Cleveland’s Federal Reserve Bank president and CEO Loretta Mester has given more insights into ongoing research into the use cases of a central bank digital currency.
Speaking at the 20th Anniversary Chicago Payments Symposium event earlier this week, Mester addressed a number of major talking points concerning the United States’ payments landscape.
The space has been understandably affected by the ongoing COVID-19 pandemic and the US banking, financial and payments sector has had to innovate in order to deal with various changes to the global economy.
As Mester told the symposium during the speech, the American financial and payments sectors have proven to be fairly resilient amid the ongoing pandemic and various research projects have been able to continue in the background.
Nevertheless a key takeaway and consideration for the US payments system will be continuing to invest in new technology that will underpin the future of the space, as the world begins to adapt to a ‘new normal’ way of life.
Tech is key
Mester highlighted the need for ongoing investment and development of future-fit infrastructure and technology as the world responds to the effects of the global pandemic.
Payments behaviour has reportedly changed in the wake of COVID-19 which has placed a greater reliance on digital services and high-speed network capabilities as more workers and consumers begin working and interacting with services remotely.
“This is a global pandemic, and demand for consumer-to-consumer and cross-border payments has risen, as people want to send and receive payments in support of family and friends. Some payments technology is more resilient, scalable, and adaptable to such rapid changes in user behavior and volume,” Mester said in her speech.
The Cleveland FRB president noted that industry participants have noted that cloud-based services offer scalability and adaptability. While the pandemic has expedited a move to digital-based services, Mester insists that the Federal Reserve has been actively looking to be at the forefront of modernising its ways of working.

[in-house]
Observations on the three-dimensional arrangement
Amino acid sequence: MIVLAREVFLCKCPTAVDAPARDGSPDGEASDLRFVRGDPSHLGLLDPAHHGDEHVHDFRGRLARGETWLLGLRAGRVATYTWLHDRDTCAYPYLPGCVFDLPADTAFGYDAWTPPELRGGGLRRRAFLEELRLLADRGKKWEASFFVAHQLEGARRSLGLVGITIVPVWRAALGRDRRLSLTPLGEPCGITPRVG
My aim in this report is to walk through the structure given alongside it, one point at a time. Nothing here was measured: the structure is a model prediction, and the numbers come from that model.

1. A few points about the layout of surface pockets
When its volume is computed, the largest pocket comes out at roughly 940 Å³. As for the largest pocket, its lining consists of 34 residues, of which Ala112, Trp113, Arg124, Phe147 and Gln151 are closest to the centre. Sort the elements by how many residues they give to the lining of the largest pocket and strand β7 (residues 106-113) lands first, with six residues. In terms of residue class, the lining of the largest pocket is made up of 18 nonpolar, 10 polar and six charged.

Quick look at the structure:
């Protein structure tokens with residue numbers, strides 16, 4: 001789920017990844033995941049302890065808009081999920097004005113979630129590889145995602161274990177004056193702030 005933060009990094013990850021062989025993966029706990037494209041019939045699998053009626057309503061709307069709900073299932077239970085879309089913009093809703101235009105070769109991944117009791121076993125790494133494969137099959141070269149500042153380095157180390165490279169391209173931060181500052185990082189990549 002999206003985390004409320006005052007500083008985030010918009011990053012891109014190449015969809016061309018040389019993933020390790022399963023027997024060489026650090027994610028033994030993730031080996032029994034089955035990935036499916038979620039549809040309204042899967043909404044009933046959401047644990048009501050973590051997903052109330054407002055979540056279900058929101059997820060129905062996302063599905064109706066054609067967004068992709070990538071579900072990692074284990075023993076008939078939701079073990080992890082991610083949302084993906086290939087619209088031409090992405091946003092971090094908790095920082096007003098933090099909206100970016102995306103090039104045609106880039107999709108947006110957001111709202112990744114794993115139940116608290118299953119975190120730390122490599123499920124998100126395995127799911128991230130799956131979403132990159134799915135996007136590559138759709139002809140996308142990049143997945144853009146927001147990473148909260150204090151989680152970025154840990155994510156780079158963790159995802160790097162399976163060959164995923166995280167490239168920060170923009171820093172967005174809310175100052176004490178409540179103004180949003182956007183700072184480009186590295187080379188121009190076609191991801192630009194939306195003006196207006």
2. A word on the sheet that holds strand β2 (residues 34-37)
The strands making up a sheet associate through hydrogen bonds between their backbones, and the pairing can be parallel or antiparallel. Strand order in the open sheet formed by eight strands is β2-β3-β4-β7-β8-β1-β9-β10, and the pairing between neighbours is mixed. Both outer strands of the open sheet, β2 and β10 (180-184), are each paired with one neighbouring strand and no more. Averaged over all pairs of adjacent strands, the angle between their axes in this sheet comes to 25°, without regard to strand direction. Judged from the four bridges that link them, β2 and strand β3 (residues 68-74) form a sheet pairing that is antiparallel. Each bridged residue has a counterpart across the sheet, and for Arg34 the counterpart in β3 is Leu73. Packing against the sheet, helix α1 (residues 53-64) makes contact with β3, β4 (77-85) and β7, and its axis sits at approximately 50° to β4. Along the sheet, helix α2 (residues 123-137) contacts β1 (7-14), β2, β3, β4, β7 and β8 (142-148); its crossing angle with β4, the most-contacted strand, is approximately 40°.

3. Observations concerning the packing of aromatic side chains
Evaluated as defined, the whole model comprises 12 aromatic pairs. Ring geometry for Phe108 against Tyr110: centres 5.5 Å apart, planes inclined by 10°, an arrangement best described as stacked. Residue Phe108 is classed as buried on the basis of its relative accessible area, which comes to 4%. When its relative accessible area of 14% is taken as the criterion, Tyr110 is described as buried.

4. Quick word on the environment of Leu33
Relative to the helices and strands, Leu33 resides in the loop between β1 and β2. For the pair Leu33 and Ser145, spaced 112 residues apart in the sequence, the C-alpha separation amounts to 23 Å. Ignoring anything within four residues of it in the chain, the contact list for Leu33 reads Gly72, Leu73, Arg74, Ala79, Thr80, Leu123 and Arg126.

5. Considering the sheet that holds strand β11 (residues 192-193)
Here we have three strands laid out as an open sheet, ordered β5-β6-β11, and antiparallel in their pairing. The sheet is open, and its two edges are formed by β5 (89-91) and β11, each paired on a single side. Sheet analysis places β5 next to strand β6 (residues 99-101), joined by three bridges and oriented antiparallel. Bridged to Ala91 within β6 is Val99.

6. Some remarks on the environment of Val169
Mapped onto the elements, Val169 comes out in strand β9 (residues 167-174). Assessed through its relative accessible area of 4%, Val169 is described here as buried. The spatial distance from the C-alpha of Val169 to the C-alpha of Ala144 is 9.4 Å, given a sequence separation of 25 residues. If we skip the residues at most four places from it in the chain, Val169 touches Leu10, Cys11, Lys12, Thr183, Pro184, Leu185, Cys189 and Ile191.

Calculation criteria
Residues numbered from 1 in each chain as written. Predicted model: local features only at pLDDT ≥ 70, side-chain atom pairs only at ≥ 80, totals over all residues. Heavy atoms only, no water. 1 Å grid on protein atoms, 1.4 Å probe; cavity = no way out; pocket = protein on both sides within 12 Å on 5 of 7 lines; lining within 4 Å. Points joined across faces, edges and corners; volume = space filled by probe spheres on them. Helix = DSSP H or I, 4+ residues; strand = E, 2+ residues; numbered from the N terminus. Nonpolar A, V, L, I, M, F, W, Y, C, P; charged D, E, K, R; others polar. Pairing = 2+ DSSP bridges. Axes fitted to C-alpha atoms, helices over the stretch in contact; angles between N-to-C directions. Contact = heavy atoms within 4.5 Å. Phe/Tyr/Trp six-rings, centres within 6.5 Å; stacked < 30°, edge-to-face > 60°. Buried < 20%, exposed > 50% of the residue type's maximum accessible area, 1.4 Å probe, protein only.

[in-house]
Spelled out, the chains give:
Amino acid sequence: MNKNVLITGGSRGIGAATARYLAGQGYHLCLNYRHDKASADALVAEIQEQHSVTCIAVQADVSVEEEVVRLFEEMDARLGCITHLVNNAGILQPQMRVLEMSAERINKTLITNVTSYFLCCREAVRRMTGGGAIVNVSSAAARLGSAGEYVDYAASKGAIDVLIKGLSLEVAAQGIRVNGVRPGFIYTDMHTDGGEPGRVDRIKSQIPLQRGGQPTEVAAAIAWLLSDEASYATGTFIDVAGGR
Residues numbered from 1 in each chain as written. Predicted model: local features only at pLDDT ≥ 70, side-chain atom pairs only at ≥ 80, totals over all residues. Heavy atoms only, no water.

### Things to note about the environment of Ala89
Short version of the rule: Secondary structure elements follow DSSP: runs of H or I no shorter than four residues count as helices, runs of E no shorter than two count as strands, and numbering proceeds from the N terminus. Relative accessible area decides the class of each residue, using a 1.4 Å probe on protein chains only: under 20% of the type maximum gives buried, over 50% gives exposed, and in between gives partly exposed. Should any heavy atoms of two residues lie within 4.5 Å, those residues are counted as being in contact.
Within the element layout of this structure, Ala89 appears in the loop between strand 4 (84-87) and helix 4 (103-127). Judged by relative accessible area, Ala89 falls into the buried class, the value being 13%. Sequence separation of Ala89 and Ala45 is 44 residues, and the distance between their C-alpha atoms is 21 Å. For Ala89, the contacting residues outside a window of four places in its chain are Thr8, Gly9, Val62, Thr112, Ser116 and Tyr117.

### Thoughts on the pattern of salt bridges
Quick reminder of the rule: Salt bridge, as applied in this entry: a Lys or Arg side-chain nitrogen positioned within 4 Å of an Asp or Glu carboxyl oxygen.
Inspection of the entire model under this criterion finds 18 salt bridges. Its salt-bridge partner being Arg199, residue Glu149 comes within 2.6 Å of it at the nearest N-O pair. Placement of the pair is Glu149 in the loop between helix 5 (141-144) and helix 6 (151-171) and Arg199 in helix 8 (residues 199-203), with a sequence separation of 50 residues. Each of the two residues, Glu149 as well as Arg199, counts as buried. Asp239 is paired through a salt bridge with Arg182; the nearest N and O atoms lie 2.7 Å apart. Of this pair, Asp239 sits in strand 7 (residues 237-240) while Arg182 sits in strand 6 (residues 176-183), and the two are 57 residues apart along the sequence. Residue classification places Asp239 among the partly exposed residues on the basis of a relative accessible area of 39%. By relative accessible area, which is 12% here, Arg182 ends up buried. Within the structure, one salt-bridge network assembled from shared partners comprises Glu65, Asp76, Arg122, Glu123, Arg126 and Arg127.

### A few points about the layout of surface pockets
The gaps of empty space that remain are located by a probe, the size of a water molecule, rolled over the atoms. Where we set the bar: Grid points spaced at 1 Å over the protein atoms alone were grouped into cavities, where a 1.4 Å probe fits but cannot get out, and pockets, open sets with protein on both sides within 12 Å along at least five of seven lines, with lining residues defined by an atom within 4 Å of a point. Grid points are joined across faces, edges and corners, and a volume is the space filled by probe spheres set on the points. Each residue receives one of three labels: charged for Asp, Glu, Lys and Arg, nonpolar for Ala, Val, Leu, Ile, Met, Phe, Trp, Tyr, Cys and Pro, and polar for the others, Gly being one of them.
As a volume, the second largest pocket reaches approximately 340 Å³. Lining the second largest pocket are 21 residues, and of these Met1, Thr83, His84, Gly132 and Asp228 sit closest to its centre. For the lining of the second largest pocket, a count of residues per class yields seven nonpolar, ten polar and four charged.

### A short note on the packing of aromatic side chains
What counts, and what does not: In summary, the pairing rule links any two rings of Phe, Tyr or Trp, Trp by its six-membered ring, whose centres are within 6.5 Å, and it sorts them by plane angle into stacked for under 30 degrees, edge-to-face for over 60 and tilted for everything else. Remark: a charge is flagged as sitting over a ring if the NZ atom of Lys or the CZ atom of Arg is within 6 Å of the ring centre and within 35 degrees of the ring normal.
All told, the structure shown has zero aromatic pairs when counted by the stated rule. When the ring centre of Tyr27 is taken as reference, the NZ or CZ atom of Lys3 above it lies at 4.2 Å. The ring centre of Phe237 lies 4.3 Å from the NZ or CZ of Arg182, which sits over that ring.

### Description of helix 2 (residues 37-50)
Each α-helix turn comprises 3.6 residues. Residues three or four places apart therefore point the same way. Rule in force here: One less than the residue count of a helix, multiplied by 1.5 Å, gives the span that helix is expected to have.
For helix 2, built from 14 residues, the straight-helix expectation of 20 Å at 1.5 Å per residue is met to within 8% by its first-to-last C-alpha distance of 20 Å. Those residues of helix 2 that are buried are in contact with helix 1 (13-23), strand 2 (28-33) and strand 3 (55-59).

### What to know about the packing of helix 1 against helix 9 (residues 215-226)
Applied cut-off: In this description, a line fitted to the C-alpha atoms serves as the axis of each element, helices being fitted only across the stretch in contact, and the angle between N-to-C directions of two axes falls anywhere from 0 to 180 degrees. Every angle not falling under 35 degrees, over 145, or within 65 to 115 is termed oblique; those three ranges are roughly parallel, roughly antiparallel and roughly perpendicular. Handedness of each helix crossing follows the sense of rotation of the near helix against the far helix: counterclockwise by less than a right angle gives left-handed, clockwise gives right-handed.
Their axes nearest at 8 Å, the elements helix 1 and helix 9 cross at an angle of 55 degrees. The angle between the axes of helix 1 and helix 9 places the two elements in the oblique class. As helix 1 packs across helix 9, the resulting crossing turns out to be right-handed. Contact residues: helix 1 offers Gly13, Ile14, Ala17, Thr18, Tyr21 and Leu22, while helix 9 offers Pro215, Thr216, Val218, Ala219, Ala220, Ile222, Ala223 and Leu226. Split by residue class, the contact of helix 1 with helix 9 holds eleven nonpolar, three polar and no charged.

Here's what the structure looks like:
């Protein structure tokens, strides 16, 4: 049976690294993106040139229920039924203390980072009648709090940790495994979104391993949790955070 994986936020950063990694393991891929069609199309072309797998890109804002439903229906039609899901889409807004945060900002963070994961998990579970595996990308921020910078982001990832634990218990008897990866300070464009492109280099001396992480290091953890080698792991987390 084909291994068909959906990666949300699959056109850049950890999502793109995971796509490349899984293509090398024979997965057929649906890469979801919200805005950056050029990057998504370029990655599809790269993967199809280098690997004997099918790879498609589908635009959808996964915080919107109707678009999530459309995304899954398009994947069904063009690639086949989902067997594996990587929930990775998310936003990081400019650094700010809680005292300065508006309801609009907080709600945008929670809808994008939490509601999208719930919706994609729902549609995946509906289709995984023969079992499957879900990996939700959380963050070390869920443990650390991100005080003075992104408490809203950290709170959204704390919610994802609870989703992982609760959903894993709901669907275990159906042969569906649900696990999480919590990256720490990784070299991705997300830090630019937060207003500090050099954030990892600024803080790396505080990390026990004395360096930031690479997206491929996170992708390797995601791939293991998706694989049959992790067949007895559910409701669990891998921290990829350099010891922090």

“Industry efforts to replace decades-old core banking systems with more flexible, resilient, and cloud-friendly platforms, and to integrate the old with the new along the way, may need to be accelerated to ensure that we are prepared for the future.”
CBDC research well-underway
The Federal Reserve has previously revealed that research and testing of the use-cases and potential benefits and drawbacks of a CBDC are well underway. As previously reported by The Daily Chain, the Boston Federal Reserve Bank has been working with MIT to explore and develop a codebase for testing a CBDC.
Mester mentioned this initiative as part of a section of her speech focused on CBDCs. The CEO also elaborated on a proposal for the Federal Reserve to issue ‘digital dollars’ directly to Americans.
“Legislation has proposed that each American have an account at the Fed in which digital dollars could be deposited, as liabilities of the Federal Reserve Banks, which could be used for emergency payments. Other proposals would create a new payments instrument, digital cash, which would be just like the physical currency issued by central banks today, but in a digital form and, potentially, without the anonymity of physical currency.”
Mester suggested that central banks could support these systems without the need for commercial banks by issuing digital currency to individuals’ digital wallets which would be powered by the central bank’s own transfer and redemption payments services.
Nevertheless Mester highlighted the need for more research and testing of potential systems for this to be considered as a viable future payment alternative. This is ongoing, with the Fed’s Board of Governors having setup a technology lab that is building and testing a number of distributed ledger platforms.
Mester also mentioned that the New York Federal Reserve Bank established an innovation center with the help of the Bank for International Settlements that is gathering insights into crucial trends and technology that could benefit central banks.